Working the Crowd: A Primer for Funding Portals
February 10, 2016
One of the key investor protections of Regulation Crowdfunding under JOBS Act Title III is the requirement that offerings must be conducted exclusively through a single platform operated by a registered broker-dealer or a new type of SEC registrant, a funding portal. Although SEC registration for funding portals began January 29, 2016, intermediaries (funding portals and broker-dealers) may not engage in crowdfunding activities until May 16, 2016, the date that Regulation Crowdfunding goes live. It remains to be seen how popular Title III crowdfunding will prove to be given its burdensome rules relative to other available exemptions, but the potential is enormous both for issuers and for the brand new type of financial intermediary it created, the funding portal.
The SEC spent three years trying to reconcile the enormous capital markets potential of the “crowd” with the investor protection concerns voiced by equity crowdfunding’s critics. The SEC believes that requiring an issuer to use only one intermediary to conduct an offering helps foster the creation of a crowd, by facilitating information sharing and avoiding dilution or dispersement of the crowd, and helps minimize the risk that issuers and intermediaries would circumvent the requirements of Regulation Crowdfunding. For example, allowing an issuer to conduct an offering using more than one intermediary would make it more difficult for intermediaries to determine whether an issuer is exceeding the $1 million aggregate offering limit. But to mitigate fraud risk concerns, the SEC has also imposed a heavy gatekeeping burden on intermediaries, particularly funding portals.
This blog post will focus on the rules governing funding portals, and will summarize the permitted “safe harbor” activities and compliance rules unique to funding portals, as well as certain requirements common to both types of Regulation Crowdfunding intermediaries (broker-dealers and funding portals).
Unique Funding Portal Requirements
Registration. Funding portals are required to register with the SEC on Form Funding Portal, a stripped-down version of Form BD, the registration form for broker-dealers. For example, unlike broker-dealer registration, funding portals will not be required to post a fidelity bond to register as a funding portal. As required under the JOBS Act, SEC registered funding portals are exempt from broker-dealer registration. The text of the Form currently appears only in the final rules release on pages 623-664 (inclusive of Schedules A-D and general instructions).[i]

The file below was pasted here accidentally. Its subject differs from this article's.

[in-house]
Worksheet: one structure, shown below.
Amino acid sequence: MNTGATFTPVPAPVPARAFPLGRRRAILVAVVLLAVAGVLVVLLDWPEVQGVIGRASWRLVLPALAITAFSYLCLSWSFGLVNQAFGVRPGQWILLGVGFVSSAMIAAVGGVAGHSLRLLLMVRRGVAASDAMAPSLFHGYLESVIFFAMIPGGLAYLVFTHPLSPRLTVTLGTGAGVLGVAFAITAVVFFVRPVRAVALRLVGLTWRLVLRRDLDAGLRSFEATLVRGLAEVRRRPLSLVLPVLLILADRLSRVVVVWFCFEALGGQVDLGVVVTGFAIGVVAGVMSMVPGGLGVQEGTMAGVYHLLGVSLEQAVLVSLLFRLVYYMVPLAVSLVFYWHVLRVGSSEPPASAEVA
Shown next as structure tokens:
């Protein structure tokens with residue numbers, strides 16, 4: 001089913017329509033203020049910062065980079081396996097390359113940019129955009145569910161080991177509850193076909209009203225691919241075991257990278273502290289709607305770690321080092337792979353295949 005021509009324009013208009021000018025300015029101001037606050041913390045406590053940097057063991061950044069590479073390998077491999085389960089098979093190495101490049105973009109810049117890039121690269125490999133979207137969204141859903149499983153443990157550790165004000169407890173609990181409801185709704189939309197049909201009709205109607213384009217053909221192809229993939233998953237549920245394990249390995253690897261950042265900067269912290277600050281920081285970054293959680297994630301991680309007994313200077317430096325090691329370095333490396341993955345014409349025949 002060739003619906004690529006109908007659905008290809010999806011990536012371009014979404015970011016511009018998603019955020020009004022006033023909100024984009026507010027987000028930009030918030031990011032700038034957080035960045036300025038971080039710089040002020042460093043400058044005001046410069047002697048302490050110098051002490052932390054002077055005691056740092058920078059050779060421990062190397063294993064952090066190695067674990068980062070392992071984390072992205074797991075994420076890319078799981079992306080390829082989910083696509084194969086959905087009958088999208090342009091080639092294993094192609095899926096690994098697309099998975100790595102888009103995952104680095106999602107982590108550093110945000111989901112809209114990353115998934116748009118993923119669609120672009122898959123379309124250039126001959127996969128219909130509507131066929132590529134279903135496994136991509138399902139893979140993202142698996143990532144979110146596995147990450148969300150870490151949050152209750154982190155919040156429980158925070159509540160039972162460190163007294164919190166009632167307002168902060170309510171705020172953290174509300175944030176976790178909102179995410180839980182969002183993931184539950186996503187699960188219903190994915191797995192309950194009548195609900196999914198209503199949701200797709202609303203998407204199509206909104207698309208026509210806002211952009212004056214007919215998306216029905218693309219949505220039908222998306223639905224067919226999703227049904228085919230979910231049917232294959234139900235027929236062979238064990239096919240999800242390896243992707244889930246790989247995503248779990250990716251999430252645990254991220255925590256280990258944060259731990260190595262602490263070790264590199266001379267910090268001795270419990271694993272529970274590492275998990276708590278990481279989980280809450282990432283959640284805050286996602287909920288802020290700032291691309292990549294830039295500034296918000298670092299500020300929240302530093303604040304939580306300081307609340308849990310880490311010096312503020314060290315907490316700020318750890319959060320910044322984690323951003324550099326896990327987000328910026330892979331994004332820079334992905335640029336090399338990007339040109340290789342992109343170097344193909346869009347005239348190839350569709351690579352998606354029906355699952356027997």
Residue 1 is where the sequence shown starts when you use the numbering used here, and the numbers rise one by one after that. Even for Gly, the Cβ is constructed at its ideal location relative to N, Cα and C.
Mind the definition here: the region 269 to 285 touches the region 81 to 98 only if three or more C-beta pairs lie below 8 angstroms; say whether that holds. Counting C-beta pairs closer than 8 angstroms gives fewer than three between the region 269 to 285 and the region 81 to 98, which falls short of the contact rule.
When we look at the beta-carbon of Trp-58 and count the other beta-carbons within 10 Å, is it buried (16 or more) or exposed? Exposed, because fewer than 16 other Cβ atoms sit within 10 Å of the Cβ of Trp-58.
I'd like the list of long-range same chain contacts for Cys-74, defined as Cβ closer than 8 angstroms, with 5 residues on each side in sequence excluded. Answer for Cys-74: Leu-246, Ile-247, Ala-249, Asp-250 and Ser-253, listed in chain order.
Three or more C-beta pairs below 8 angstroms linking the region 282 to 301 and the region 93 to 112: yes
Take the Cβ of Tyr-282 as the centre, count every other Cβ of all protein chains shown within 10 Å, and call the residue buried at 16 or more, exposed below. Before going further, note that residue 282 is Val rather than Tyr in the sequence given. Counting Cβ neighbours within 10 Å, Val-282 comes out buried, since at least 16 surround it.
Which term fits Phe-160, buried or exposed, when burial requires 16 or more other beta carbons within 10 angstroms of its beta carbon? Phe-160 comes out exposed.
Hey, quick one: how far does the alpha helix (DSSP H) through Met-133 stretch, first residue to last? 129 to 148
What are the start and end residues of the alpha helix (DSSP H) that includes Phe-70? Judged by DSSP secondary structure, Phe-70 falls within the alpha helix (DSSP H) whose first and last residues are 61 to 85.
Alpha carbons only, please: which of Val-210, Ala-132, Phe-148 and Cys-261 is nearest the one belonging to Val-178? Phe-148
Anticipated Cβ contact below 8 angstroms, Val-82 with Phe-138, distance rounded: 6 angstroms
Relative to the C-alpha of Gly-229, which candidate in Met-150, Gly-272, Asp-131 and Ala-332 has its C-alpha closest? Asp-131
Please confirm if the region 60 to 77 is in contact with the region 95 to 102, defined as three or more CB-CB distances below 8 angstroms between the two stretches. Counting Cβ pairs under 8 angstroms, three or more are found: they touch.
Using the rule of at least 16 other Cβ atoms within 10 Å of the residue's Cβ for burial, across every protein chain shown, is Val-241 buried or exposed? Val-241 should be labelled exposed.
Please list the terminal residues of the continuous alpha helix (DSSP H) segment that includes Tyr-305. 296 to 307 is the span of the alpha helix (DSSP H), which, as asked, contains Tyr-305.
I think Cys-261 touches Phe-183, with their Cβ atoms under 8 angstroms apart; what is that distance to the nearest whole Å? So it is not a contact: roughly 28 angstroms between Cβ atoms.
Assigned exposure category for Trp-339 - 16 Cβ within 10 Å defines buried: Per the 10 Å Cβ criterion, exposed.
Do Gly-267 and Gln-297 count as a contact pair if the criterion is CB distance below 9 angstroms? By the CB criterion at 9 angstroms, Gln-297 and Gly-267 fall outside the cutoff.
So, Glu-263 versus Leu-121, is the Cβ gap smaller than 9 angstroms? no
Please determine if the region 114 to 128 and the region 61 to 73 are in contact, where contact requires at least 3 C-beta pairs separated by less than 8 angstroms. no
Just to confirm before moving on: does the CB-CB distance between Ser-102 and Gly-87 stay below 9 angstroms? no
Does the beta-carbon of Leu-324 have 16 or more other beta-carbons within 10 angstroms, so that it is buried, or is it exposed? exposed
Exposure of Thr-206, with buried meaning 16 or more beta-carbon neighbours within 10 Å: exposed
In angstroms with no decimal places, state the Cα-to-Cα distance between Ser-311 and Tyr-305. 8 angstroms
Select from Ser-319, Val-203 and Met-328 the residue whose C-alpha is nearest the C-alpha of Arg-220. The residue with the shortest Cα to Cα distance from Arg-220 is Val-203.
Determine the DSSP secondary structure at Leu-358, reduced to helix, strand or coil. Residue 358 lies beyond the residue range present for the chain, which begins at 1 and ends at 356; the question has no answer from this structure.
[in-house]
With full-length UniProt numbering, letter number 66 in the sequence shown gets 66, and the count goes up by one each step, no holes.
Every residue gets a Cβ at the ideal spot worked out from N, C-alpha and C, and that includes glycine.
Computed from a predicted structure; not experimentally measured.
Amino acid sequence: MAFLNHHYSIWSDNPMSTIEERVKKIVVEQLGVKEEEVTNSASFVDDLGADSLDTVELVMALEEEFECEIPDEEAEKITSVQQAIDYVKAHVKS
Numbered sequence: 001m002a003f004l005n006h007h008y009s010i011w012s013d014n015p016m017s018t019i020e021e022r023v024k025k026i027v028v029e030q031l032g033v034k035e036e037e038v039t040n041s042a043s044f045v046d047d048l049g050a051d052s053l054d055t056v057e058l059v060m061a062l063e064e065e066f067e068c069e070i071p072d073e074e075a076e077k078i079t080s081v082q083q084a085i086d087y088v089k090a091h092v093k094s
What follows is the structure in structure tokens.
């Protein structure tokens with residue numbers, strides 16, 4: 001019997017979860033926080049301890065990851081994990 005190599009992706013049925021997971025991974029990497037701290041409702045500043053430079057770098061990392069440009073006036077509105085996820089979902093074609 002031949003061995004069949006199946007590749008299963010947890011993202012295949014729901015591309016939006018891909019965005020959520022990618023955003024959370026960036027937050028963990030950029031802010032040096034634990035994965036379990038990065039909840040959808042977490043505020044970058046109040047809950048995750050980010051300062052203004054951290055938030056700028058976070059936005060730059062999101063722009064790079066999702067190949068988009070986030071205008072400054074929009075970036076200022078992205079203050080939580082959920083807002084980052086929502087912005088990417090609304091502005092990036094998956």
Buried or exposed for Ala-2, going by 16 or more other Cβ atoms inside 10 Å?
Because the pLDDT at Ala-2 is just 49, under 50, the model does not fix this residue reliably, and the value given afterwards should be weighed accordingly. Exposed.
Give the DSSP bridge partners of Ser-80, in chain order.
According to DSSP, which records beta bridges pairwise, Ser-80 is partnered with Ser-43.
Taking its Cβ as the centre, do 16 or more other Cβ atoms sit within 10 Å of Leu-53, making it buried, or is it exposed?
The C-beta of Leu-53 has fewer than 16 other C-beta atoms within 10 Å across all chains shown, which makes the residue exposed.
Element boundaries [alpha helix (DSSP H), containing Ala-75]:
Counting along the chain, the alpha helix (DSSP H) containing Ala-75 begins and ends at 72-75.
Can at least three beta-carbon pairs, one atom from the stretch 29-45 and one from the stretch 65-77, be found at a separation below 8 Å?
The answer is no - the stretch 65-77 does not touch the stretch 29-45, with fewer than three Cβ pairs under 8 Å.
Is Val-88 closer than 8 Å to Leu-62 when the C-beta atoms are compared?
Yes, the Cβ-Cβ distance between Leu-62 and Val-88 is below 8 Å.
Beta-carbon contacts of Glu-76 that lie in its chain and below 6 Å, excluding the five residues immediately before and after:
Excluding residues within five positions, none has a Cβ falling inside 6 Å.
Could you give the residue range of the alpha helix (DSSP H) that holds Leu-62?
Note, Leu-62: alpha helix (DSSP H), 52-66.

All registered funding portals are also required to become members of the Financial Industry Regulatory Authority, or FINRA. FINRA funding portal registration information can be found here.
A funding portal’s SEC registration becomes effective on the later of: (1) 30 calendar days after the date that the registration is filed with the SEC; or (2) the date the funding portal is approved for FINRA membership.
Form Funding Portal must be filed electronically on EDGAR, although as of this writing the Form has not been assigned a submission type or even been listed on the EDGAR forms index. To gain access to EDGAR for the electronic filing of Form Funding Portal, a funding portal will first need to obtain an EDGAR access code and a central index key, or CIK, by submitting a Form ID with the SEC. When a funding portal’s registration becomes effective, the information on Form Funding Portal becomes publicly available except for certain personally identifiable information. As of this writing, there are no Form Funding Portals shown to have been filed on EDGAR, although at least one portal, StartEngine Capital LLC, put out a press release that it did so on January 29.
Permitted Activities – Safe Harbor. Unlike registered broker-dealers, funding portals are prohibited from giving investment advice, soliciting offers, paying success fees to persons for solicitations or handling investor funds or securities. To help funding portals navigate these prohibitions while trying to function as effective intermediaries, the rules provide a safe harbor for the following activities: